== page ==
4. --defaults-extra-file=filename

If any option appears in multiple files, the last one read overrides the others. In other words, the user-defined options in C:\my.cnf override any values read from My.ini. This behavior makes it possible for a database administrator to provide default values for the client tools in My.ini and allow users to override specific options as their needs dictate.

4.1.2. File Content

All the configuration files share the same format. Example 4-1 is a sample configuration file. Much of it should be fairly straightforward, but we will take a moment to dissect the file.

Example 4-1. A sample MySQL configuration file

# Example mysql options file.
# These options go to all clients
password      = my_password
port          = 3306
socket        = /var/lib/mysql/mysql.sock

# These options go to the mysqld server
port          = 3306
socket        = /var/lib/mysql/mysql.sock
set-variable  = max_allowed_packet=1M

The first three lines beginning with # are comments. The MySQL configuration file format supports two kinds of comments: # and ;. MySQL ignores any data appearing after a pound sign or a semicolon until the end of the line on which it appears.

The next line indicates the start of a section:


This format is actually one you may be familiar with if you have played with Samba or Windows INI configuration. A MySQL configuration file contains sections with configuration options that apply only to that section. MySQL configuration files contain two sections: client and mysqld.

The lines appearing after a section marker support the named section until the end of the file is reached or another group is encountered. This client section contains three configuration items for the client tools. The first specifies the default password:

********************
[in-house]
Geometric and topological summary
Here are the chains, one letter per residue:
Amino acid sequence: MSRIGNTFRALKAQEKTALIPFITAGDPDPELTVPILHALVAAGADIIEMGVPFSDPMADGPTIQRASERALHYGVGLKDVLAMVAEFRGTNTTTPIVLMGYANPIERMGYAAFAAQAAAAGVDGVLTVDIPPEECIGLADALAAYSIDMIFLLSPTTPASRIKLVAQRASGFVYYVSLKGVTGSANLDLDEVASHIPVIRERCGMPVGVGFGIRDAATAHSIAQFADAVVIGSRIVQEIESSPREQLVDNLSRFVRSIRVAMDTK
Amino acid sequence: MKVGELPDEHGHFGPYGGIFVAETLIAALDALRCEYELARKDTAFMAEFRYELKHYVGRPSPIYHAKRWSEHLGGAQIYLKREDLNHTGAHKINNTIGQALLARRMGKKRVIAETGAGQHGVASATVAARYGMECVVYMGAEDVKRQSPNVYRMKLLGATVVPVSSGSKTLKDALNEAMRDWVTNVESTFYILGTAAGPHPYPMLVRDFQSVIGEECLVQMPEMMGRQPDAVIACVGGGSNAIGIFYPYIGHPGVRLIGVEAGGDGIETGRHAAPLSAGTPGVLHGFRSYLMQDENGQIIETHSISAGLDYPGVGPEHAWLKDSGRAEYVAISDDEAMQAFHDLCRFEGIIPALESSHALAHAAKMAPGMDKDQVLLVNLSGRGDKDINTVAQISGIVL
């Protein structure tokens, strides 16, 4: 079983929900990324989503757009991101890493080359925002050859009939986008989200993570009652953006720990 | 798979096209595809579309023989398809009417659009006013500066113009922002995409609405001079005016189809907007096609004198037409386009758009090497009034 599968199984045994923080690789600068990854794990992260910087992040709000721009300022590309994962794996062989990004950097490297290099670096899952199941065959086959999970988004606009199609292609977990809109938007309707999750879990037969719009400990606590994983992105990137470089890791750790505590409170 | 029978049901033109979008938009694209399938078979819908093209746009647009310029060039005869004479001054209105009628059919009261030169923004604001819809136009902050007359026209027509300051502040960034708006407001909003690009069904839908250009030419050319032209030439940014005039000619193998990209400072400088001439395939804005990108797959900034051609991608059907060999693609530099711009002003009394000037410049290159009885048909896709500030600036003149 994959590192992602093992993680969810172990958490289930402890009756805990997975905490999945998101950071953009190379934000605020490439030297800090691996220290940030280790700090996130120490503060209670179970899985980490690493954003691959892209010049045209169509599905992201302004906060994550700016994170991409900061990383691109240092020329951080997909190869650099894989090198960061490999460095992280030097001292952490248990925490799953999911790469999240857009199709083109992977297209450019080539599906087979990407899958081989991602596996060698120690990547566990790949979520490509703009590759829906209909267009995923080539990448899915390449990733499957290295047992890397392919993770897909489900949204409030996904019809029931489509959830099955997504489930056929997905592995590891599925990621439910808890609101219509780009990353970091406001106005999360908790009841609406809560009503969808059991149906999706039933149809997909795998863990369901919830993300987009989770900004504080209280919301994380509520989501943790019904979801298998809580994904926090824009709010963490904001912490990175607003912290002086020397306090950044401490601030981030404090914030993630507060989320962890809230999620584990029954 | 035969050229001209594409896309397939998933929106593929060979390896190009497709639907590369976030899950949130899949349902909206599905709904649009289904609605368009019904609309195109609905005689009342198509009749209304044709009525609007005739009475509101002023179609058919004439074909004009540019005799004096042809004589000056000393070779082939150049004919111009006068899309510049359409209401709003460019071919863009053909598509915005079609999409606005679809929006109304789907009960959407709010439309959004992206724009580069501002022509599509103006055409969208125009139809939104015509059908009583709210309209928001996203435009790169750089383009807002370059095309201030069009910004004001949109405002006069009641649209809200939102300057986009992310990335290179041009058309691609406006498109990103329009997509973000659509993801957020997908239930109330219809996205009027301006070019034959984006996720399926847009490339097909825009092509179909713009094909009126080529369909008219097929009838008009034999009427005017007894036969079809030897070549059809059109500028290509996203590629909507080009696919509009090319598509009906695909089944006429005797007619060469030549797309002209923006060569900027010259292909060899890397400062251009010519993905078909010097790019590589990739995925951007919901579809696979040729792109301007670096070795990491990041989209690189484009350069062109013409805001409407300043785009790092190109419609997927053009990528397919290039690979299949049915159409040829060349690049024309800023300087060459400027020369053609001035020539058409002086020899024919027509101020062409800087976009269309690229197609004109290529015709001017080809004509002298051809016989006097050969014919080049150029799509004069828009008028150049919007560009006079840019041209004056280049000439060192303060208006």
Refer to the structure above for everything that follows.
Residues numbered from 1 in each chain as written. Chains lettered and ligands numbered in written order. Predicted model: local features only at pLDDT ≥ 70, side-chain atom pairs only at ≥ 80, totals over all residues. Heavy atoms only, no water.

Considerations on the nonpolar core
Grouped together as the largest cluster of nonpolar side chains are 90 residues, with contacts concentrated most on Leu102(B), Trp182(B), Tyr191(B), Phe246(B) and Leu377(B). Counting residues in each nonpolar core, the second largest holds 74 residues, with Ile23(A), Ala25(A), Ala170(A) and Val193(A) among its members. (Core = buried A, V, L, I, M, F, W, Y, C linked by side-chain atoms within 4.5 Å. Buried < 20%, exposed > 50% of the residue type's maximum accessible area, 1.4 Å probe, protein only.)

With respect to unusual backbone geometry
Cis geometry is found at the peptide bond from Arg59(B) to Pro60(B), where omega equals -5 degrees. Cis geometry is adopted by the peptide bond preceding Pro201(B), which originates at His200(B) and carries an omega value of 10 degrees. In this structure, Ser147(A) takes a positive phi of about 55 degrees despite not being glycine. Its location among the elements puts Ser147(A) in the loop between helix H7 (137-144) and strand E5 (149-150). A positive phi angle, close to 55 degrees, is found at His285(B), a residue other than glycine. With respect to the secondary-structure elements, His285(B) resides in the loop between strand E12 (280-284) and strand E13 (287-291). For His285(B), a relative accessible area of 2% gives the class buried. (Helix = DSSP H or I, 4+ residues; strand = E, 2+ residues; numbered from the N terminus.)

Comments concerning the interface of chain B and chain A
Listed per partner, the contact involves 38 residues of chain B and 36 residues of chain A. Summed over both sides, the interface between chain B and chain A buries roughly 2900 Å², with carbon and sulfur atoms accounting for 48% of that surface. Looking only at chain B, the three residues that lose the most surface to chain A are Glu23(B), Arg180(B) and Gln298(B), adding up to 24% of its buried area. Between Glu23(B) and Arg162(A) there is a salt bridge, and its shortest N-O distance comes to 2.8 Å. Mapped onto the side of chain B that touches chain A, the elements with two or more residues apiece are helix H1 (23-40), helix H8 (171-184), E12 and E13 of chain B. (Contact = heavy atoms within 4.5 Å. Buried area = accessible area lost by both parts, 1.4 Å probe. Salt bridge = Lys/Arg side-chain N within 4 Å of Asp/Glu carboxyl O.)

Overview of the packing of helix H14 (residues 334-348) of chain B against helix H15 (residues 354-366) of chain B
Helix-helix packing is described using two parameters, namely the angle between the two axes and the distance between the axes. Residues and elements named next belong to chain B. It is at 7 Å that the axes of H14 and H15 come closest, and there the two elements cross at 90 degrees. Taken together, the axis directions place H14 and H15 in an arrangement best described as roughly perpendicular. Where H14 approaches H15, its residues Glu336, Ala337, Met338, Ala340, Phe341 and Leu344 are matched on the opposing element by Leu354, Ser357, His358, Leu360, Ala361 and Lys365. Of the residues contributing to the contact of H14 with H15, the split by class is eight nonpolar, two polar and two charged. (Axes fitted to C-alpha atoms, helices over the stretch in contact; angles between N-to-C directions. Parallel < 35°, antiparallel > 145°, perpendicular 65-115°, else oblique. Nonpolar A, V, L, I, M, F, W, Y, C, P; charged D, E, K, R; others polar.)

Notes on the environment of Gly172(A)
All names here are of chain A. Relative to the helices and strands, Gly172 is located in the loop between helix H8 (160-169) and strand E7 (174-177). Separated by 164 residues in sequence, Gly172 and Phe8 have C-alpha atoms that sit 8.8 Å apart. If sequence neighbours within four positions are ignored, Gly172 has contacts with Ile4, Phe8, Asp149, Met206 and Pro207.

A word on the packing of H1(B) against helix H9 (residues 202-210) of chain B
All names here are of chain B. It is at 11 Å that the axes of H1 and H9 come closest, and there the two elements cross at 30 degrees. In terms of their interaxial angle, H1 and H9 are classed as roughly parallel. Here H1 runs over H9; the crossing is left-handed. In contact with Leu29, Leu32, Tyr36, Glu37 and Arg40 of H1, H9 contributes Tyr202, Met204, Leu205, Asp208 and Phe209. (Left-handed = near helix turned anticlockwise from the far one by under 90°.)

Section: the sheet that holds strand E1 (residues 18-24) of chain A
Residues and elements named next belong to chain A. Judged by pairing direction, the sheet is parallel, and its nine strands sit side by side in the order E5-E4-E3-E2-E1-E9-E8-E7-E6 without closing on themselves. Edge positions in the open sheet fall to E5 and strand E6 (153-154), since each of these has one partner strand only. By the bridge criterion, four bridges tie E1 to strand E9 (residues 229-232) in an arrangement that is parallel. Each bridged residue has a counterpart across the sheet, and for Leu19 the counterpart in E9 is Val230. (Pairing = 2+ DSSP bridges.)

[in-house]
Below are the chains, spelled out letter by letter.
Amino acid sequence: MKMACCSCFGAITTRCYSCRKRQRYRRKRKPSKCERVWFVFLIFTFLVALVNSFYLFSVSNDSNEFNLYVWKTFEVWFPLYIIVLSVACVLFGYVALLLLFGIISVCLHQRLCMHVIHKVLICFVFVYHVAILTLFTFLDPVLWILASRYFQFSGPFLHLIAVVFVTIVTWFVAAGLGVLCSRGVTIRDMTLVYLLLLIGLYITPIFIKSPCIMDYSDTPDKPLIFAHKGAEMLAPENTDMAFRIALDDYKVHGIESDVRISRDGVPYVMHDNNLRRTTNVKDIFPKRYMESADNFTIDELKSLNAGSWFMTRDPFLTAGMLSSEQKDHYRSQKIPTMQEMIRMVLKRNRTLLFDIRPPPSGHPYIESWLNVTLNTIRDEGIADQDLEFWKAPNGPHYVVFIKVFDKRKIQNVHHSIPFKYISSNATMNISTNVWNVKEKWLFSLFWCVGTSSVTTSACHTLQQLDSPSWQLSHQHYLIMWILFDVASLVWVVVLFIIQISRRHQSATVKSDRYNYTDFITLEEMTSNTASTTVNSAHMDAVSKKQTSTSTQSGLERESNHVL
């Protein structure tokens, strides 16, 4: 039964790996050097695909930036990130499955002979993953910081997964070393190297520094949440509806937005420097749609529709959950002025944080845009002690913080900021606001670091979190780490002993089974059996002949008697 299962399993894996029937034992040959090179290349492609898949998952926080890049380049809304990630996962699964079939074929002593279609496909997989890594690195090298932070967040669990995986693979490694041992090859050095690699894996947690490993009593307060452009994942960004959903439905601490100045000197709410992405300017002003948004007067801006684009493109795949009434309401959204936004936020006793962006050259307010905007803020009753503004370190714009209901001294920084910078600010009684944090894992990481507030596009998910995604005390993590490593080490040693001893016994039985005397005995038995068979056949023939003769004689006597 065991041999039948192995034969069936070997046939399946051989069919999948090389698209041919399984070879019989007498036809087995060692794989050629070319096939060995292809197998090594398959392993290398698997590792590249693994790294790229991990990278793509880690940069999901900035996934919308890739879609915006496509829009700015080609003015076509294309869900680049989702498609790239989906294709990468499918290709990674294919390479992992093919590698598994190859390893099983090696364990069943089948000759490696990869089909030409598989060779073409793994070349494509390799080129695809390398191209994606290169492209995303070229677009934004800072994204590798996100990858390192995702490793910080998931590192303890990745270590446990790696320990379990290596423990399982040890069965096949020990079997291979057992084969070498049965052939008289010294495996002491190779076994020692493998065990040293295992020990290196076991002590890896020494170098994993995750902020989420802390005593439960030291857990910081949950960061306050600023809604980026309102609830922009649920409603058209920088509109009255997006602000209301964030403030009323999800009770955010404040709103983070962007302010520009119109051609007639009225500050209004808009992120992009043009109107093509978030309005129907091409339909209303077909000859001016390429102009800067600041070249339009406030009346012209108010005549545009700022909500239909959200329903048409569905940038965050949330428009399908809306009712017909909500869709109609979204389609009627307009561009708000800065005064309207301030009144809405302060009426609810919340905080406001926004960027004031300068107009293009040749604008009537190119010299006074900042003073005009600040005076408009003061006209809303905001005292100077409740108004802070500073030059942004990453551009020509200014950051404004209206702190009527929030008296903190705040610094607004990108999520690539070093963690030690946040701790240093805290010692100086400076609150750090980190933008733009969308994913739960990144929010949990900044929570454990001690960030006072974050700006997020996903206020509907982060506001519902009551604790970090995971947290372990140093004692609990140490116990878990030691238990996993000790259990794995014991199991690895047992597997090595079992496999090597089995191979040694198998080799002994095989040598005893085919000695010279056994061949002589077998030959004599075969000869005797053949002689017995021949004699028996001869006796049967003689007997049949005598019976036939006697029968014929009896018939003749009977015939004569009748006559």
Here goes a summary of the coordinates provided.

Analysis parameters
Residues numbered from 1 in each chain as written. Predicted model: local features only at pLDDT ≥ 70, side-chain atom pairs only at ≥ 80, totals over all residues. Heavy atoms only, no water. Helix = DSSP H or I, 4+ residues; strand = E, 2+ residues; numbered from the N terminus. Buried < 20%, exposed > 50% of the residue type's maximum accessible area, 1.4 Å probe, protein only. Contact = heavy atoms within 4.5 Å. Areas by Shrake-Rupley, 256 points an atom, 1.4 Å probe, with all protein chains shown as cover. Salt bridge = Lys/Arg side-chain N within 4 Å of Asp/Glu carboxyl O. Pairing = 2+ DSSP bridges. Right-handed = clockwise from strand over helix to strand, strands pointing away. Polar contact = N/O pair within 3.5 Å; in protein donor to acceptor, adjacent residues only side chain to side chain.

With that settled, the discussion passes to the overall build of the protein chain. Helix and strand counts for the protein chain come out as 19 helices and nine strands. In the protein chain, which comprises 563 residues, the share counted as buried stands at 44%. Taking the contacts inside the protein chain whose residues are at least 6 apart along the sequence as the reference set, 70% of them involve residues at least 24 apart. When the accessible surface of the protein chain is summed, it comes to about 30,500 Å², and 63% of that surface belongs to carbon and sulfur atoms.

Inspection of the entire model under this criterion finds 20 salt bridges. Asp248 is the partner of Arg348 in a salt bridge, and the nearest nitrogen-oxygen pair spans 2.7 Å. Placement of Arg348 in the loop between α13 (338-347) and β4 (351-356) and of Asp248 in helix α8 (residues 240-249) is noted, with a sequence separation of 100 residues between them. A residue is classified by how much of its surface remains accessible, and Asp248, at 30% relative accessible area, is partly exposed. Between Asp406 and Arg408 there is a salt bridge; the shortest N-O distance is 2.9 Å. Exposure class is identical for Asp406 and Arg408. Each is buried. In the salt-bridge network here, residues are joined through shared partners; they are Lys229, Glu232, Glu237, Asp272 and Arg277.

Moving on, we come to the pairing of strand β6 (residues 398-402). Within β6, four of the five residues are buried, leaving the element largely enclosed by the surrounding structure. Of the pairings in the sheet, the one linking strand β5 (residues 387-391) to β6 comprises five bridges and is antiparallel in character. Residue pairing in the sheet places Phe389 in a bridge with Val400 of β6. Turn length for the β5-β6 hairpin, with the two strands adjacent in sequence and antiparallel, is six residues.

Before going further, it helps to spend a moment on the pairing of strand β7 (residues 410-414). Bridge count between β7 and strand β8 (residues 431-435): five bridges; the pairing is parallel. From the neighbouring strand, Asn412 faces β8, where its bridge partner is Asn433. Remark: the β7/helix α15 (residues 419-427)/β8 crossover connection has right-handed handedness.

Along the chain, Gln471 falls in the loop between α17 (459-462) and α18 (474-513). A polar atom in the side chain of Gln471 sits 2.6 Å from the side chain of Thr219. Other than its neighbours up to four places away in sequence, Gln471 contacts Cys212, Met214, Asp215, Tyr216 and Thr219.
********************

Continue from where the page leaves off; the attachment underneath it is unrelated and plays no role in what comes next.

password      = my_password

This option is equivalent to using the command-line option --password=my_password. As a general rule, any command-line option specified as --option=value appears in the MySQL configuration files as option=value.

Specifying the password in the configuration file is a convenient way of connecting to MySQL without specifying a password all the time. It is, however, generally a bad idea to specify a password in a configuration file or on the command line. You should instead require your client utility to prompt you for a password.[16] If you do specify the password in a configuration file, you should definitely make sure no one else can read that file.

[16]Using the MySQL client utilities, you can pass the -p parameter to force the utility to prompt you for a password. The command-line utilities will not echo the password to the screen.

The next two lines after the password option configure the port and socket file that a client tool can use to connect to the server. After them, we encounter a new section:


This section contains options that configure the MySQL server process. It contains options similar to the client section as well as two new ways of specifying options. The first is an option without a value:


This Boolean option tells the MySQL server to disable system locking. If the option is not defined, system locking is enabled. The command-line form of this option is --skip-locking.

The final format for MySQL options enables you to specify mysqld variables:

set-variable = max_allowed_packet=1M

This option is the same as specifying --set-variable max_allowed_packet=1M on the command line. Variables are additional settings used to control the runtime behavior of the server and clients.